Even though the nation’s airlines are playing nice with general aviation over the contentious question of user fees, the Obama Administration has clearly signaled that it wants to fund the FAA with more user fees in Fiscal Year 2011.
The 2010 budget proposal for the FAA released last month by the White House makes it obvious that President Obama wants a fundamental change in funding in FY 2011 by dramatically reducing General Fund support for aviation in America.
The Administration proposal for 2011 envisions $9.6 billion coming from user fees–up more than $2 billion from the initial estimate earlier this year. And that figure rises to $11 billion by 2014.
And although the Air Transport Association (ATA), which represents the airlines, maintains that the taxes and fees paid by turbine-powered general aviation aircraft have not kept pace with the dramatic growth of that segment since 1970, it is no longer pushing for user fees on GA. Instead, the association has joined others in the aviation industry, as well as with many members of Congress, in advocating a greater contribution from the General Fund to help pay the costs of running the FAA and modernizing the ATC system.
Testifying before the Senate aviation subcommittee last month, ATA president and CEO James May said that new FAA reauthorization legislation, which has been under debate in Congress since 2007, should embrace new thinking about infrastructure funding, including giving the FAA authority to issue tax credit bonds, making NextGen eligible for funding from a National Infrastructure Bank and significantly increasing General Fund contributions.
Former FAA Administrator Marion Blakey also emphasized the importance of establishing a solid funding regime to support NextGen, including long-term FAA authorization and increasing the annual contribution from the General Fund to the FAA.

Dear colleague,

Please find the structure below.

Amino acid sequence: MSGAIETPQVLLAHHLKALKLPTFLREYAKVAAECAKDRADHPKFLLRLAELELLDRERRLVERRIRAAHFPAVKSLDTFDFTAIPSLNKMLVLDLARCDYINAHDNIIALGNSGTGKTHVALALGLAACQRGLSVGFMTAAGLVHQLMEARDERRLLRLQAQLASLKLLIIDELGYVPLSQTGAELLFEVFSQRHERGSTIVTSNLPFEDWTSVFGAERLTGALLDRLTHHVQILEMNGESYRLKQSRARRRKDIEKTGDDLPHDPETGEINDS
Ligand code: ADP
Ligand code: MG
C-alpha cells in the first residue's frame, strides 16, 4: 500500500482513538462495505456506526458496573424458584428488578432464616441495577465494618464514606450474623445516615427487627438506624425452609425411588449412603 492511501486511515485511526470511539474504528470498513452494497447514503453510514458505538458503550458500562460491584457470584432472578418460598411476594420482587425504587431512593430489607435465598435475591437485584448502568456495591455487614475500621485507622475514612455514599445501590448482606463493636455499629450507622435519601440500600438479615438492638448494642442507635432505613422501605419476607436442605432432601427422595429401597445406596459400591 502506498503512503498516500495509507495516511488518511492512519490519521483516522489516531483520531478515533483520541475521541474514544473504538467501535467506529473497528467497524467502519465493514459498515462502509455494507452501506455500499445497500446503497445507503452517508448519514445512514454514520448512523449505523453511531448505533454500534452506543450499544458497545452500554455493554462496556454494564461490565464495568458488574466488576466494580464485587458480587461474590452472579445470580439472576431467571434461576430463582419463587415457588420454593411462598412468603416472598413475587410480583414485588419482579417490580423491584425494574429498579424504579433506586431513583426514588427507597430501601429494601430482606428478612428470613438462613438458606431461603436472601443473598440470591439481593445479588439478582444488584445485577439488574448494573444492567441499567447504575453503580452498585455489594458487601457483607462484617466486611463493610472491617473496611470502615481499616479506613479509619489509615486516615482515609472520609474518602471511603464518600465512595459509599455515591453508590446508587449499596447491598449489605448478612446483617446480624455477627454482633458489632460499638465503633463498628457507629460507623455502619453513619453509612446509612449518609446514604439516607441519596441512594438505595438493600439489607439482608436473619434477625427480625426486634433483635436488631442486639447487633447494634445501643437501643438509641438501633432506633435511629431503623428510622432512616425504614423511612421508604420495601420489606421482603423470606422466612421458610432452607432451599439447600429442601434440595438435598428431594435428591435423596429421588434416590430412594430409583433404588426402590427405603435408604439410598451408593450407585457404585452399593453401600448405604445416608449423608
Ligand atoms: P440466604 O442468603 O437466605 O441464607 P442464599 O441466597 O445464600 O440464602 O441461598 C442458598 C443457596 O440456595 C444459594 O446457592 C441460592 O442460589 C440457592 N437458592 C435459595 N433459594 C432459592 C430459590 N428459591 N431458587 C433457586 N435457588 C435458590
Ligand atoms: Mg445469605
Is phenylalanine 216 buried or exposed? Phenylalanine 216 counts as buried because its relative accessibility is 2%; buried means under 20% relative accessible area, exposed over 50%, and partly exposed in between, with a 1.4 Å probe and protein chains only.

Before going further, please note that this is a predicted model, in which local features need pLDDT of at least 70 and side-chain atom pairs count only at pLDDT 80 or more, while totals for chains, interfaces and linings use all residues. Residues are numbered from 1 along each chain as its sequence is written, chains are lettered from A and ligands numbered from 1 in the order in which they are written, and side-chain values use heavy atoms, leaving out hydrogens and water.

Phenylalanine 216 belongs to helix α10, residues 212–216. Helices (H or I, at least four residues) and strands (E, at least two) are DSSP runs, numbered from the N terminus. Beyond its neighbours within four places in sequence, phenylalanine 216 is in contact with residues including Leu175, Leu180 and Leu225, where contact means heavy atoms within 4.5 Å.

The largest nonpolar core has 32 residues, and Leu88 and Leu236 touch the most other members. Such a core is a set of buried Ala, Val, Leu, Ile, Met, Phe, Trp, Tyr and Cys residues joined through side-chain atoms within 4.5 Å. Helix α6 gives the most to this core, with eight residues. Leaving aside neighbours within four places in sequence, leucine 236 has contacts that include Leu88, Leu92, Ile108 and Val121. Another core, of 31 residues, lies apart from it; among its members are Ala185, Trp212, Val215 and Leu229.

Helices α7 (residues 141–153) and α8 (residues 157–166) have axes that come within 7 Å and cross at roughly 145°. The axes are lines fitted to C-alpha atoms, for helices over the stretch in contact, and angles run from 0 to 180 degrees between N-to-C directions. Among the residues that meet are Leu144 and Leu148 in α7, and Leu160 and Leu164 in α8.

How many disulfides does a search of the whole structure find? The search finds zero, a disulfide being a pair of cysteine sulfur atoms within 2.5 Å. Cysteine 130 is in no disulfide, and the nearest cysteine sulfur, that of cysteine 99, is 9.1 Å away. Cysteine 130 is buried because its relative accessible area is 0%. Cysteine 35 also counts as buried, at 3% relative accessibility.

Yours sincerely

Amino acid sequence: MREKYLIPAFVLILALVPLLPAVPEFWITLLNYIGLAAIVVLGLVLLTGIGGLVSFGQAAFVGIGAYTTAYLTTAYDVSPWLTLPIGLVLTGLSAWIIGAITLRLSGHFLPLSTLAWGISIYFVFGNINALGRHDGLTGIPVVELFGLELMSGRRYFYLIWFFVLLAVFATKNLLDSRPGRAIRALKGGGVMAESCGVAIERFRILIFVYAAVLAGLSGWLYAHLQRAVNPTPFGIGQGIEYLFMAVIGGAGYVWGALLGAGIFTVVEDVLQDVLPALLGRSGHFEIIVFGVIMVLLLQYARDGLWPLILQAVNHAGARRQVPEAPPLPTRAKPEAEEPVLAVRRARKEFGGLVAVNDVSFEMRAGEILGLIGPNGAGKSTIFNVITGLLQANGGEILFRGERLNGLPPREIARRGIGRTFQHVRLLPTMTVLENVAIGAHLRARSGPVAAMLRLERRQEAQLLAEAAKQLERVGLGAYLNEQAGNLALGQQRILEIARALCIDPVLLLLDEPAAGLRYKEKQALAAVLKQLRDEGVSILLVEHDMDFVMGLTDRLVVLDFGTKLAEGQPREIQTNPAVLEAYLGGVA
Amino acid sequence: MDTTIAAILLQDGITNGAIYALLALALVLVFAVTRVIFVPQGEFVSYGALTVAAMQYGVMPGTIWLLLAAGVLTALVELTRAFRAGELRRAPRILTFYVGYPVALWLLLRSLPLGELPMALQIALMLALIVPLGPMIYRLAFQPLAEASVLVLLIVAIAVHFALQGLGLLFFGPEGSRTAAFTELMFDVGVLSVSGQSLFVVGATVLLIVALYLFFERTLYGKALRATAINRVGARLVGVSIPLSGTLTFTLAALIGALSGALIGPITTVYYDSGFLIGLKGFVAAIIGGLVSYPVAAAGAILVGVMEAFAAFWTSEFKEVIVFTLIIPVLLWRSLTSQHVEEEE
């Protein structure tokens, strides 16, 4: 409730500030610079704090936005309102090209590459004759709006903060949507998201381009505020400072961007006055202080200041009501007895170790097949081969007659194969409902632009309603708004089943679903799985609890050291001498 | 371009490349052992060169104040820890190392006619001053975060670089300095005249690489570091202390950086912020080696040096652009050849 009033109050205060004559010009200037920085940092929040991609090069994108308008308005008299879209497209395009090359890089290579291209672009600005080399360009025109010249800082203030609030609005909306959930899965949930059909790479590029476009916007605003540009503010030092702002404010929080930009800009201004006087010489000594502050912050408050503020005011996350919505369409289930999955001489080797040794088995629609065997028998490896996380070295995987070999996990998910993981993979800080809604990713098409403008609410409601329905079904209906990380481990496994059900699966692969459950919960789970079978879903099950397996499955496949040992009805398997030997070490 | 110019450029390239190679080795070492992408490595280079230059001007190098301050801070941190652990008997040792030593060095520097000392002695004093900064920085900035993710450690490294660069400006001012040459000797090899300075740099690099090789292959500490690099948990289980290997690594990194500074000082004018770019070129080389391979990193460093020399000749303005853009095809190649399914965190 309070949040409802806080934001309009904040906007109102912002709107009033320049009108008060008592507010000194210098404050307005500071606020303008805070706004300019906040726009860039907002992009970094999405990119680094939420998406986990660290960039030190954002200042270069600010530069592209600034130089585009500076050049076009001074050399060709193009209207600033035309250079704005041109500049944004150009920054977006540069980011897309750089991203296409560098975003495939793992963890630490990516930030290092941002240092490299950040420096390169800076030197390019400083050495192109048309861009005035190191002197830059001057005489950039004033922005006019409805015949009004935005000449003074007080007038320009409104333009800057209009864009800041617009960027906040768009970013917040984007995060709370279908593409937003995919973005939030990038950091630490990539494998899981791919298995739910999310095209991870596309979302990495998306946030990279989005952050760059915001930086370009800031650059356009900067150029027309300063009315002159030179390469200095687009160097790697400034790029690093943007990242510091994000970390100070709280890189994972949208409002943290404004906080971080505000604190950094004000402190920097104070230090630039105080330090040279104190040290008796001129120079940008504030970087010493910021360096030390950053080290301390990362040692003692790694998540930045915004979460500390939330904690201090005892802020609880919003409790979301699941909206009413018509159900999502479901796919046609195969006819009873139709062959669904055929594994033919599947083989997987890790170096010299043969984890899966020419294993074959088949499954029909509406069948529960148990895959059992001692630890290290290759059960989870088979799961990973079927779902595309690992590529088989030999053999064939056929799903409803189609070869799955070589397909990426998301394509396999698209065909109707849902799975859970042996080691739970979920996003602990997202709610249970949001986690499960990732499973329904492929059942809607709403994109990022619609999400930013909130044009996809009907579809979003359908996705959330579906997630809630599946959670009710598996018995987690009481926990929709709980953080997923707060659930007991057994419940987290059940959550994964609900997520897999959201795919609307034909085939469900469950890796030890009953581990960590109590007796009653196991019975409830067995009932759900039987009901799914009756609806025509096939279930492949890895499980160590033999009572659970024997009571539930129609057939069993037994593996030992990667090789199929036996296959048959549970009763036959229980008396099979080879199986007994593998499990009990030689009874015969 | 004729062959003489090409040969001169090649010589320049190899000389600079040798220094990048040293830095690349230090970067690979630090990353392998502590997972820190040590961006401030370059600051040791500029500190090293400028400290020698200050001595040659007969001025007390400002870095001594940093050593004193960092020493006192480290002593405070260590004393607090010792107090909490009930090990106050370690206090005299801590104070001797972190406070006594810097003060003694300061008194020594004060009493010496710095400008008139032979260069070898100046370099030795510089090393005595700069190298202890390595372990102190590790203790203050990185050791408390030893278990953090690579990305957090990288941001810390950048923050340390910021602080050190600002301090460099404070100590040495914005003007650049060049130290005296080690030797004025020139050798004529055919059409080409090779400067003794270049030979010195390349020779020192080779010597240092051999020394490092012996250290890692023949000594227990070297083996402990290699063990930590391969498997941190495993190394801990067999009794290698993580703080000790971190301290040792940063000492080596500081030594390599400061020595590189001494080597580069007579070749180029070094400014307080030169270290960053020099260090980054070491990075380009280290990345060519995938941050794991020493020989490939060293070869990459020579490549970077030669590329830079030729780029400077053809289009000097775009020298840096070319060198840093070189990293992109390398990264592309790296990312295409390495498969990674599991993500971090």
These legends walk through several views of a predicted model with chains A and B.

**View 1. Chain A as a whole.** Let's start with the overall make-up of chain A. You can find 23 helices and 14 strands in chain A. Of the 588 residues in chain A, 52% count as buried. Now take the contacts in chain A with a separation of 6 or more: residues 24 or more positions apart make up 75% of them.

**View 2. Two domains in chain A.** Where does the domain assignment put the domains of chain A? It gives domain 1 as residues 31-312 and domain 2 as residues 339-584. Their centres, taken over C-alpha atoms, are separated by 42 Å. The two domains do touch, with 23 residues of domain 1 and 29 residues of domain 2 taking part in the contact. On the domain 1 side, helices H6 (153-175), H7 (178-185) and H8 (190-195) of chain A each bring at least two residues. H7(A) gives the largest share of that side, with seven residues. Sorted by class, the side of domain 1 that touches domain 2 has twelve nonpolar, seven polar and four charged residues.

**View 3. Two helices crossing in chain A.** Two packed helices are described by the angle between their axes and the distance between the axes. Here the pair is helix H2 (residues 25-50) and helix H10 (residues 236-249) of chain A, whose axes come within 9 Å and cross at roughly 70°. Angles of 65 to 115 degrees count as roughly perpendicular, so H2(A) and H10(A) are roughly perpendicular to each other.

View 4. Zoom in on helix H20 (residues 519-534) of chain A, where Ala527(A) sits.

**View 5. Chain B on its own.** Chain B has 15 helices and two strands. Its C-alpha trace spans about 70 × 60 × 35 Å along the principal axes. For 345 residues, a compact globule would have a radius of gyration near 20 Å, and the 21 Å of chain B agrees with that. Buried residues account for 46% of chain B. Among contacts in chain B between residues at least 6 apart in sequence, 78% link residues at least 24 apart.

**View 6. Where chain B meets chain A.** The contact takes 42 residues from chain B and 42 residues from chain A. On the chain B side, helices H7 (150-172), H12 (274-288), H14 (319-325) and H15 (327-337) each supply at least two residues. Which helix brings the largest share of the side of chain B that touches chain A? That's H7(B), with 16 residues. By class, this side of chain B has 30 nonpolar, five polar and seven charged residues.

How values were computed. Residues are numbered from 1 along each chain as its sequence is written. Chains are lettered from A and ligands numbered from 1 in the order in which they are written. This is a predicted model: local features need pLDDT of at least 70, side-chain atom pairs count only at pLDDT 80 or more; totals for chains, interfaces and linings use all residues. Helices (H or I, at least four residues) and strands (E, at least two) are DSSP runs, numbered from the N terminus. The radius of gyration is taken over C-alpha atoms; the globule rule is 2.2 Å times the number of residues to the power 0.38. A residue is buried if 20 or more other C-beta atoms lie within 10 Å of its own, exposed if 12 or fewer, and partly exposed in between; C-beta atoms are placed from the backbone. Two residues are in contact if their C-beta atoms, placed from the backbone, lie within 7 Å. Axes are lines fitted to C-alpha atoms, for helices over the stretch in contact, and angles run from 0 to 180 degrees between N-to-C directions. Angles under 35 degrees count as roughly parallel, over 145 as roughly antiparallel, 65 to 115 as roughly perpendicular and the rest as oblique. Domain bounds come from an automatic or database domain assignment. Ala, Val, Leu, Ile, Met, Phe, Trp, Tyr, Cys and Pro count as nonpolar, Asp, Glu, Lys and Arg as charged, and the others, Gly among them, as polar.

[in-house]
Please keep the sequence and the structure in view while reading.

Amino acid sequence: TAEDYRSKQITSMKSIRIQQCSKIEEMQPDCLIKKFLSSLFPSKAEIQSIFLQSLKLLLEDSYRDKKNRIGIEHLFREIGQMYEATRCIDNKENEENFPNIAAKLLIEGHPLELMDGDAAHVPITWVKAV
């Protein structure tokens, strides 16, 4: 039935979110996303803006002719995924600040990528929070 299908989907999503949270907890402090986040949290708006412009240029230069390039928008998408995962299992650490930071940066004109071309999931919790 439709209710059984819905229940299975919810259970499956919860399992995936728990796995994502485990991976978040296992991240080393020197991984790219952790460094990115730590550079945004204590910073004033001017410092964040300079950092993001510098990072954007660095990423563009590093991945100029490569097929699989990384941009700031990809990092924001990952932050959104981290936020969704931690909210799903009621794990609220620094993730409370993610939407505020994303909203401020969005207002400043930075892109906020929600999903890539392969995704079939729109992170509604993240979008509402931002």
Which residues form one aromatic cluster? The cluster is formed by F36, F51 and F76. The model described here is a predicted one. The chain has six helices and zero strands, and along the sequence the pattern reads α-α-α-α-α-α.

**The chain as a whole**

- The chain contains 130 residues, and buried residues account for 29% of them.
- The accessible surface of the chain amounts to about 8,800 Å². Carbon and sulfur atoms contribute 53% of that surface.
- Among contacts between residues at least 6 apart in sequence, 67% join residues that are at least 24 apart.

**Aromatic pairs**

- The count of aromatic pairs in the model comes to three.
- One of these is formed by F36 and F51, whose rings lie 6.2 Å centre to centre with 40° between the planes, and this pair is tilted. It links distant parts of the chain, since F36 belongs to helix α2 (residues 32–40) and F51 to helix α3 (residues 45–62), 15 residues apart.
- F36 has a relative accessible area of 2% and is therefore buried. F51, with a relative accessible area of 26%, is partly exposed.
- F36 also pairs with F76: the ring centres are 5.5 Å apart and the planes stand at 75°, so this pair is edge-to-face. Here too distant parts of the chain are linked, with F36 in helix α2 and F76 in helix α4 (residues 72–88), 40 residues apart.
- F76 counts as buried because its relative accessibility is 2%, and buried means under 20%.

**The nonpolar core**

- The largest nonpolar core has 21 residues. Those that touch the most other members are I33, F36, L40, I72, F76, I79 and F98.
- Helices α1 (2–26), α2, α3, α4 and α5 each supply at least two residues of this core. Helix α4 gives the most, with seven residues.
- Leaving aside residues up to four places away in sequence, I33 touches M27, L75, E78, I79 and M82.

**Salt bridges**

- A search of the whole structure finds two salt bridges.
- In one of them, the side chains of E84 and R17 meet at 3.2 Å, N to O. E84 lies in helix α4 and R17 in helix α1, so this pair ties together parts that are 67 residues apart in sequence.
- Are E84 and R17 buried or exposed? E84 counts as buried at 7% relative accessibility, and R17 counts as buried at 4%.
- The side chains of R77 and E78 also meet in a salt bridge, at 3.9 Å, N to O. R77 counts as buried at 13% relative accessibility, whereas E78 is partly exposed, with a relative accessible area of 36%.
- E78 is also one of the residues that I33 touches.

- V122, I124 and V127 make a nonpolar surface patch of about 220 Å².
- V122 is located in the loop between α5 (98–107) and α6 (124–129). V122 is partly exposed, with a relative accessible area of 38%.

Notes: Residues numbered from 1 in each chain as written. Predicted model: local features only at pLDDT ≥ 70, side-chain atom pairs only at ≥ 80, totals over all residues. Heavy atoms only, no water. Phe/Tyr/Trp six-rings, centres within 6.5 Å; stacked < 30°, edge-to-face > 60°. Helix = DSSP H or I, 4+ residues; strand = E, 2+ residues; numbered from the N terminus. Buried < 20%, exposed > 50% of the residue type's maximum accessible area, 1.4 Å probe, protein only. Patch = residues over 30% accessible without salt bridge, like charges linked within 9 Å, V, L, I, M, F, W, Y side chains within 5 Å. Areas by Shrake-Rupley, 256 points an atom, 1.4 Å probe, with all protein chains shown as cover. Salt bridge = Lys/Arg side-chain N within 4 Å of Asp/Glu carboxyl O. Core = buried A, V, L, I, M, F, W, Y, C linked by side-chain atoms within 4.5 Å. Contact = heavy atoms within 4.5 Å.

“Underlying the funding discussion is a basic question of whether the U.S. is committed to retaining its global leadership position in civil aviation or will cede the gold standard to the EU, Australia or Canada,” said Blakey, who is now president and CEO of the Aerospace Industries Association.
She told the panel that the three significant challenges ahead for accelerating NextGen are building infrastructure, publishing systemwide satellite-based procedures wherever possible and equipping aircraft to take advantage of NextGen benefits as soon as possible.
The House Transportation and Infrastructure (T&I) Committee passed H.R.915, the “FAA Reauthorization Act of 2009,” in March, and early last month the chairmen and ranking members appeared before the House Committee on Ways and Means to testify on the bill.
While the T&I committee believes that aviation excise taxes (including taxes on fuel) and not user fees should continue to fund the FAA and modernization of the ATC system, the amount and types of tax are under the jurisdiction of the Ways and Means Committee.
T&I chairman James Oberstar (D-Minn.) told his colleagues on Ways and Means that the programs in H.R.915 can be funded by existing aviation excise taxes, coupled with a “reasonable” General Fund contribution that is consistent with what the industry has requested, and a “relatively small” increase in revenue derived from general aviation fuel taxes.
“Therefore, I recommend that the Committee on Ways and Means increase the general aviation jet fuel tax rate from 21.8 cents per gallon to 35.9 cents per gallon, and increase the aviation gasoline tax rate from 19.3 cents per gallon to 24.1 cents per gallon,” he said. “It is worth noting that general aviation operators support this proposal, and that witnesses representing the [AOPA] and [NBAA] appeared before the House aviation subcommittee this year and testified in favor of it at our February 11 hearing.”
NBAA president and CEO Ed Bolen, who flew from EBACE in Geneva to testify before the Senate aviation subcommittee, told the senators that despite the challenges it faces, the business aviation community remains steadfast in its support for FAA reauthorization legislation, including an adjustment to the GA fuel tax to help pay for aviation system modernization.
“Make no mistake about it, these are very difficult times and projections are that things will get worse in 2010,” Bolen said. “However, in spite of all the challenges faced by the business aviation community, one thing has remained constant–our continued support for comprehensive FAA reauthorization legislation and modernization of the nation’s air traffic control system.”
In a statement the day before the Senate hearing, AOPA president Craig Fuller said the association “remains convinced that the current system of fuel taxes collected at the pump and ticket taxes collected at the counter, combined with a healthy contribution from the general tax fund, remains the best way to pay for the nation’s aviation system and avoid an unfair burden on general aviation and costly new bureaucracy.”